AB 1044, by Assemblywoman Catharine Baker, R-Dublin, would repeal the “last-in-first-out” statute that requires all teacher layoffs, with exceptions for teachers with specialized training or those who fill high-needs jobs, to be based on seniority. Districts would negotiate new criteria with their teachers unions. Seniority could be a factor, but a “significant” component must be based on a teacher’s evaluation rating.
Olsen’s bill, AB 1078, would update the 40-year-old law on teacher evaluations, the Stull Act. Democratic and Republican legislators generally agree it needs changes to reflect new challenges, such as the use of technology, new approaches to discipline and the substantial growth in the number of English learners, although after several years and multiple versions of bills they have yet to agree on how.
The Stull Act currently is a pass-fail system, with teachers labeled either ineffective or effective, which encourages principals to focus on how to fire a small fraction of those identified as the worst and not on evaluations that focus on how the majority of teachers can improve their craft. AB 1078 would create four categories (highly effective, effective, minimally effective and ineffective), require annual evaluations, and encourage what the current law requires but many districts ignore: the use of test scores and other measurements of student academic growth.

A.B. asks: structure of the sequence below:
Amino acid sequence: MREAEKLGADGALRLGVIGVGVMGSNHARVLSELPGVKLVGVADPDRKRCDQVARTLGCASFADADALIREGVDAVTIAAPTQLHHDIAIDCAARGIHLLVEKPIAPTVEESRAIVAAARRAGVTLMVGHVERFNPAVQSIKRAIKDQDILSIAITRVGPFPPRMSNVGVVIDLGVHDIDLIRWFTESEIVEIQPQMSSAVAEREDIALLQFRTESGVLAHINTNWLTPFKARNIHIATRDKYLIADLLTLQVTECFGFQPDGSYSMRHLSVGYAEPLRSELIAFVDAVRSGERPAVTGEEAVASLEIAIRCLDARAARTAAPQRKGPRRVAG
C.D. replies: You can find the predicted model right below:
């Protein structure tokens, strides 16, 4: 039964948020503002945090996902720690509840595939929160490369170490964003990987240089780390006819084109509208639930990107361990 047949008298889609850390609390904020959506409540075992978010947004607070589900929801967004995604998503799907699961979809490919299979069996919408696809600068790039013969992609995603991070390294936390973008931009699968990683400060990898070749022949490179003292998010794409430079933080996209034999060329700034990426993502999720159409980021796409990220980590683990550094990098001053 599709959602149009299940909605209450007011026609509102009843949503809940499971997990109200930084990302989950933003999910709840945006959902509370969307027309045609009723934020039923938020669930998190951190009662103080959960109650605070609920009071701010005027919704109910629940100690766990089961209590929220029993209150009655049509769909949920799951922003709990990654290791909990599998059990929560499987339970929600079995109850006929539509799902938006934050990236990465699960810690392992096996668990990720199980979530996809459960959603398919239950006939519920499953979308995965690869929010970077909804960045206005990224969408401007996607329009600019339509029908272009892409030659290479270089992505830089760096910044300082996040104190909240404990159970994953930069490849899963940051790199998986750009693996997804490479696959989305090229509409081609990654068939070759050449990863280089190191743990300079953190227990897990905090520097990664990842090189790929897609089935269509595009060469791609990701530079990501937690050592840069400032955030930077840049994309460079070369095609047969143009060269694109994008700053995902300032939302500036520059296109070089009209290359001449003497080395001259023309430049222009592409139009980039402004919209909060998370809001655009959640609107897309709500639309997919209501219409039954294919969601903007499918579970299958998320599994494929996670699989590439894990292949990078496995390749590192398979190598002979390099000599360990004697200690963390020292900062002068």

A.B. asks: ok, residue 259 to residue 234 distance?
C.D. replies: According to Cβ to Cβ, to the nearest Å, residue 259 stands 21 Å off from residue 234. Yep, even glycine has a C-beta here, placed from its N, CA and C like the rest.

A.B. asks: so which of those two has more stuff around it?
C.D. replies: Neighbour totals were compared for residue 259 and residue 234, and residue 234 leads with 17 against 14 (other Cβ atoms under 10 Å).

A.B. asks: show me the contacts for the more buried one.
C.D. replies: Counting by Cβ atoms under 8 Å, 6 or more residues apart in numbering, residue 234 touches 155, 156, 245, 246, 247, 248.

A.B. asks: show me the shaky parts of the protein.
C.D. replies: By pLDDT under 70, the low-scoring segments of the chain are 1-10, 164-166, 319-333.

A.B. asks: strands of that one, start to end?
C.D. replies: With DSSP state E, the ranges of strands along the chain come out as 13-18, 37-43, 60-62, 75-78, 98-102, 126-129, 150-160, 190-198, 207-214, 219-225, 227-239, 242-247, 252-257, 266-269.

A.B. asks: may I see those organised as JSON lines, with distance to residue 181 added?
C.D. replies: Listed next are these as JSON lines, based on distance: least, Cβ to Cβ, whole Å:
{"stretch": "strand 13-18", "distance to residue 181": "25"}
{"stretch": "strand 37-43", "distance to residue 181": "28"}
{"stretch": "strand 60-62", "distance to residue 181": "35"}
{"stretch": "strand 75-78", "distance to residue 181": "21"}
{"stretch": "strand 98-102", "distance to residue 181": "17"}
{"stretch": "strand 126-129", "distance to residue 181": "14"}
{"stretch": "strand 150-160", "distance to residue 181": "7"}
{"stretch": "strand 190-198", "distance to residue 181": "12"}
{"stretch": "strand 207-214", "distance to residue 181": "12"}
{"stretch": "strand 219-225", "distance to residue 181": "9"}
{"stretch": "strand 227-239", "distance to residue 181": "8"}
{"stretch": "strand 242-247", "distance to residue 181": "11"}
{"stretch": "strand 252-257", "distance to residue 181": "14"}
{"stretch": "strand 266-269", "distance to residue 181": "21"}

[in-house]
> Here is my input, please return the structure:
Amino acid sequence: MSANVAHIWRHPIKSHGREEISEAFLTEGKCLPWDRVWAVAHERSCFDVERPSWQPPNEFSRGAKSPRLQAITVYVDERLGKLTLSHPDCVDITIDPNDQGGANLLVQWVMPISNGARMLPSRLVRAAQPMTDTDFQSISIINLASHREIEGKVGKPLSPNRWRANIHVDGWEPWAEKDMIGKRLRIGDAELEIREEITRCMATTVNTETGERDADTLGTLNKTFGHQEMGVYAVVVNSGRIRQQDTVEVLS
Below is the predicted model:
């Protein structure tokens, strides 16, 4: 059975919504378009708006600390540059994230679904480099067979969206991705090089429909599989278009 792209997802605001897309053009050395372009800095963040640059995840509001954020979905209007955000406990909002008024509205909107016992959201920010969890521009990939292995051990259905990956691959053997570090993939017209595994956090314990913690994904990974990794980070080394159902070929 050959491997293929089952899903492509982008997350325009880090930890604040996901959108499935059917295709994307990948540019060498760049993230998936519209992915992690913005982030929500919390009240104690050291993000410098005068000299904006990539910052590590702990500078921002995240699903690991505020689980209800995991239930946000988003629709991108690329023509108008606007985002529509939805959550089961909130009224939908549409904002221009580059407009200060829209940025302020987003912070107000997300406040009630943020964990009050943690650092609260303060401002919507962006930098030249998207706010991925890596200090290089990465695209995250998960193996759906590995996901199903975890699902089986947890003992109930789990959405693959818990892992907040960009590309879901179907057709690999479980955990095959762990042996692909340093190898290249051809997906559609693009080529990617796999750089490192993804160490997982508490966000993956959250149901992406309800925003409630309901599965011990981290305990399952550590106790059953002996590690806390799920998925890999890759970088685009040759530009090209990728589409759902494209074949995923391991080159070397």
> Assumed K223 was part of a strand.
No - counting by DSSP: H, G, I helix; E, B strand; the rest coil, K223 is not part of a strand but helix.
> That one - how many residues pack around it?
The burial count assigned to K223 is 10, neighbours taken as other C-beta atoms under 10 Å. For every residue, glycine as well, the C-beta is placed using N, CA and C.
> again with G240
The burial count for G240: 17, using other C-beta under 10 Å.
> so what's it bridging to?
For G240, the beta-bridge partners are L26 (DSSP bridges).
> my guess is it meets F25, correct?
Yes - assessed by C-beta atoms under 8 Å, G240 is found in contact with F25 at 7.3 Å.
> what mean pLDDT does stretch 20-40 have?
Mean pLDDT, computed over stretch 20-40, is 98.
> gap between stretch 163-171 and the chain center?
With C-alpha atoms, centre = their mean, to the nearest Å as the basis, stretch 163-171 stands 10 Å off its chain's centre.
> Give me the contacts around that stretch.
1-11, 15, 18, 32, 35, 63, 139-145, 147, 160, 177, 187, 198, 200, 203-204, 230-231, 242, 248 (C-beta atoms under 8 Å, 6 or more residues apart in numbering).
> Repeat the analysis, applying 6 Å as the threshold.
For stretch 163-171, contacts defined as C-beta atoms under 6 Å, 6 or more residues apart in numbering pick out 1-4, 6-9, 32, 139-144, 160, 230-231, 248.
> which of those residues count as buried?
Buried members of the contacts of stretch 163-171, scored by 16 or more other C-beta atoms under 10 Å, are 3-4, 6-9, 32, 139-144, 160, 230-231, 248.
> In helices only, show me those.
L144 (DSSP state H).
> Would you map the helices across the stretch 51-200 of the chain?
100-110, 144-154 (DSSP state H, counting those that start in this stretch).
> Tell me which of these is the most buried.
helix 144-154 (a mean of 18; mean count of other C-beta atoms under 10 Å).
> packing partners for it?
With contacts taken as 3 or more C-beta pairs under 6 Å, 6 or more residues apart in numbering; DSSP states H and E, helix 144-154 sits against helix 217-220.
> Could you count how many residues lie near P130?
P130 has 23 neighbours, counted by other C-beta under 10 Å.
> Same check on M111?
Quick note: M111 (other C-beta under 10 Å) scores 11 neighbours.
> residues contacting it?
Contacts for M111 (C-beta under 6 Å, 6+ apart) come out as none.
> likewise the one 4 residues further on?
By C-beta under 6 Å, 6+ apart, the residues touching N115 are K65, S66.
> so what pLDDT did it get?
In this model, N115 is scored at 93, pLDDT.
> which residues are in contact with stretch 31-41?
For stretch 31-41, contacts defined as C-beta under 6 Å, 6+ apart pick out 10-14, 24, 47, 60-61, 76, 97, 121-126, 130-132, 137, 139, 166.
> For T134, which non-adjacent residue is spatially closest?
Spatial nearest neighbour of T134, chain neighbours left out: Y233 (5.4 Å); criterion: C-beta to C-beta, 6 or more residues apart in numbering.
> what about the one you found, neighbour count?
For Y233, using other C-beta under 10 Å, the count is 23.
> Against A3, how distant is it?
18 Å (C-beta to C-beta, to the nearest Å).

“Our immediate dilemma is not who to lay off but how to attract teachers for underrepresented students. There needs to be an agenda to match that sort of issue,” said researcher Julia Koppich.
“These laws are responsible for pushing wonderful, effective teachers out of the classroom just because they have less seniority, and this makes no sense,” Evelyn Macias, mother of one of the nine Vergara student plaintiffs, said in her one-minute public testimony. The California Teachers Association and the California Federation of Teachers opposed all three bills last year, and reaffirmed that position in brief public comments on Tuesday. Breaking with the California Teachers Association, teachers in San Jose agreed in negotiations for the option of a third year of probation for teachers who need an extra year to prove their capabilities; a bill permitting an exception to the law for San Jose remains in flux.